‘Fantastic’ Voyage

Globe-Trotting Artist Creates Otherworldly Creatures

Expo Chicago 2014 has come and gone, but there is still a chance to catch the wondrous creations of an emerging artist with a growing international reputation.

Wangechi Mutu was born in Nairboi, Kenya in 1972 and educated at a convent school. She then studied art and anthropology in Wales and moved to New York nearly 20 years ago.

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Her works are intricate and beautiful, grotesque and magnetic. They are populated by hallucinatory creatures with tendrils and tentacles. They can be seen as monstrous or mythical.

Mutu’s “Bodacious Girls” series presents female figures in otherworldly landscapes made of collage and watercolor. She samples a variety of sources, including science fiction imagery, fashion magazines, African traditions… and even erotic postcards.

The exhibition is called “Wangechi Mutu: A Fantastic Journey. The artist says: “It’s titled to wrap around the way I approach all of the work that I make using the lens of fiction, the surreal, the unreal, and Afro-futuristic as a way of looking at the world.”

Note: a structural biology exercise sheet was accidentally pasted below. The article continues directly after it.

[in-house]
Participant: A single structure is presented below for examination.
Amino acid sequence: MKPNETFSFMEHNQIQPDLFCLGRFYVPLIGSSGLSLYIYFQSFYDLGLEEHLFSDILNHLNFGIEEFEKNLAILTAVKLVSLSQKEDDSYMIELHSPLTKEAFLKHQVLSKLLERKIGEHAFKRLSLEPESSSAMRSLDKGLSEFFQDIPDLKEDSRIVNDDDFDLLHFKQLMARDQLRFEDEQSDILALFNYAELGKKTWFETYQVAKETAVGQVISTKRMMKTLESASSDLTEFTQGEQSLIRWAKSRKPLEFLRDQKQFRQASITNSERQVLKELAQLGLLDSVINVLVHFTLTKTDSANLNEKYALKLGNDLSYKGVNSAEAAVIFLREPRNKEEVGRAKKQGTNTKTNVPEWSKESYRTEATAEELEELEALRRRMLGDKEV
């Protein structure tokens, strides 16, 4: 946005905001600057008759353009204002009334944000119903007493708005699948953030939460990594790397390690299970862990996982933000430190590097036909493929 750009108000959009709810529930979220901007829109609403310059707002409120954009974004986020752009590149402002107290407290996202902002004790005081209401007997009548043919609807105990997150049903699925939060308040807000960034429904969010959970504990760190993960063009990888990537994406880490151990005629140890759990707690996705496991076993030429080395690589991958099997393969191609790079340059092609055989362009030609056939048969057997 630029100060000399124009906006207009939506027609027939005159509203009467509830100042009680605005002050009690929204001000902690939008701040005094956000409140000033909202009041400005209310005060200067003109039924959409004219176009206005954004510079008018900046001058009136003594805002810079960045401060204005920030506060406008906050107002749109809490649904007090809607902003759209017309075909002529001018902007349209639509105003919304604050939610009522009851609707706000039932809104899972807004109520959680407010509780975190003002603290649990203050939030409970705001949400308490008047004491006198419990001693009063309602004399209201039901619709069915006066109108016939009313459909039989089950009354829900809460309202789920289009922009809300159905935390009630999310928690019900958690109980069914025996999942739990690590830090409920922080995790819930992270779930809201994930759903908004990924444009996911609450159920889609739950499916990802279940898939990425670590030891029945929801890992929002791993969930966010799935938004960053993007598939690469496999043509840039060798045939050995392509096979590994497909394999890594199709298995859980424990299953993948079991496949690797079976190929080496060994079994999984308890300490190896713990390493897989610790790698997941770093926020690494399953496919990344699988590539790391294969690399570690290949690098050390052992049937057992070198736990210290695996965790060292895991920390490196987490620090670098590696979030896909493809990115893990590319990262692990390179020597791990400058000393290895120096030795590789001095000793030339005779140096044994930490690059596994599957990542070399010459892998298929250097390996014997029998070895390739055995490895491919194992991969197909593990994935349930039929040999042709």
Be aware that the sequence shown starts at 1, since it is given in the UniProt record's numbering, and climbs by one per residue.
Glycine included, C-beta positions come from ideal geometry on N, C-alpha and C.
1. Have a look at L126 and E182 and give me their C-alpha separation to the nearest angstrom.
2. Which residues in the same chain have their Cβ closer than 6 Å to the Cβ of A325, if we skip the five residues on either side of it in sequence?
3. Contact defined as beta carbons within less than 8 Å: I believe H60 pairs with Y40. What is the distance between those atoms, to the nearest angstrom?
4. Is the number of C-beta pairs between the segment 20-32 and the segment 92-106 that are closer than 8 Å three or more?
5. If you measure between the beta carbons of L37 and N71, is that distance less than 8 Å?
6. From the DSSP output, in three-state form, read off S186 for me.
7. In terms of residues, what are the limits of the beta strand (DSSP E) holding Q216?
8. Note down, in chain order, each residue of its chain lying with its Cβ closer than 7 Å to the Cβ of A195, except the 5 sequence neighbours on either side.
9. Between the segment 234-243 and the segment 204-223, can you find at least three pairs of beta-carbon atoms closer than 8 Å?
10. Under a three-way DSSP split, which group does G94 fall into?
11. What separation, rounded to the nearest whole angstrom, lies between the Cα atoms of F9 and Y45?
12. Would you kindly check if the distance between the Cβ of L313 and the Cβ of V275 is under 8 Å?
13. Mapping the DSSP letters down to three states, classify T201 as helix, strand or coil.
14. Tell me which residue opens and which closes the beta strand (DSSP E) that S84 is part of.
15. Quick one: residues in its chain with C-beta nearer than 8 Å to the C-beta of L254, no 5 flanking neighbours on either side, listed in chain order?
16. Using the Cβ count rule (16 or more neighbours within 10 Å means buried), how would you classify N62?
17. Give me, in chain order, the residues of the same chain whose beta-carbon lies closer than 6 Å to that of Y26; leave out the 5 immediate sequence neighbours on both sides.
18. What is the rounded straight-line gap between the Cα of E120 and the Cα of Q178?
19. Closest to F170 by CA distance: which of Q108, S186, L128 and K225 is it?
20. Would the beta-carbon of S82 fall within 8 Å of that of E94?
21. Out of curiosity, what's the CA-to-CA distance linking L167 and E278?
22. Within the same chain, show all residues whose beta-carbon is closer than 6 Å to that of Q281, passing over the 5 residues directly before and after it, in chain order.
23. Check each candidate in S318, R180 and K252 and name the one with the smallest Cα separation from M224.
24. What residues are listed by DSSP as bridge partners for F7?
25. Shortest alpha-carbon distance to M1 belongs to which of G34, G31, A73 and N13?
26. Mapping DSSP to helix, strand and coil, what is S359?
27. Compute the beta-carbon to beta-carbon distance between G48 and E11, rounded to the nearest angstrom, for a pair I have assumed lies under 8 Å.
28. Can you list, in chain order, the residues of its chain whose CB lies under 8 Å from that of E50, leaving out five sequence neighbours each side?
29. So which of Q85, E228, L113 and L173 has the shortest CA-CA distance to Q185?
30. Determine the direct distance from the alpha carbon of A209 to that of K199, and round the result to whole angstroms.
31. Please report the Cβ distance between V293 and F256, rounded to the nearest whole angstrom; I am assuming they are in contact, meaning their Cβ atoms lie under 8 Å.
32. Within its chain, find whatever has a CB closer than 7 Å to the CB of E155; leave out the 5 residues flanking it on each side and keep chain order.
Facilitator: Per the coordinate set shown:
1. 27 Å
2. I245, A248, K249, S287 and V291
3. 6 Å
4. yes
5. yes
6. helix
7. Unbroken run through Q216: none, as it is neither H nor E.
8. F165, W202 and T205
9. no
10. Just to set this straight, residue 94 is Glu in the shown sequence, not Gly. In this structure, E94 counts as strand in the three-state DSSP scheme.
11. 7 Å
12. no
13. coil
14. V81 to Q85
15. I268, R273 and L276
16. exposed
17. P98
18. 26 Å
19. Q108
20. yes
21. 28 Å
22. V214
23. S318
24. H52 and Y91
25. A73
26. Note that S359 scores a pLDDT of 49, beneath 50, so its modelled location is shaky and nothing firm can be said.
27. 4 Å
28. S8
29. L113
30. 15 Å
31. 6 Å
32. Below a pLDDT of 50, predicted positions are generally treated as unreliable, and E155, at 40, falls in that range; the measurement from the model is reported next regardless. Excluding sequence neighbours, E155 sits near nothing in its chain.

The themes are ecology, metamorphosis, colonialism, and sexism. Her arresting images are hard to look away from, and they are a testament to Wangechi Mutu’s confident belief in "the ability for artists to transform their experiences and others.”

Wangechi Mutu: A Fantastic Journey is at the Mary & Leigh Block Museum of Art on the campus of Northwestern University in Evanston. The exhibition just opened and runs through Dec. 7. The Block Museum is free and open to the public Tuesdays through Saturdays.

View a slideshow.

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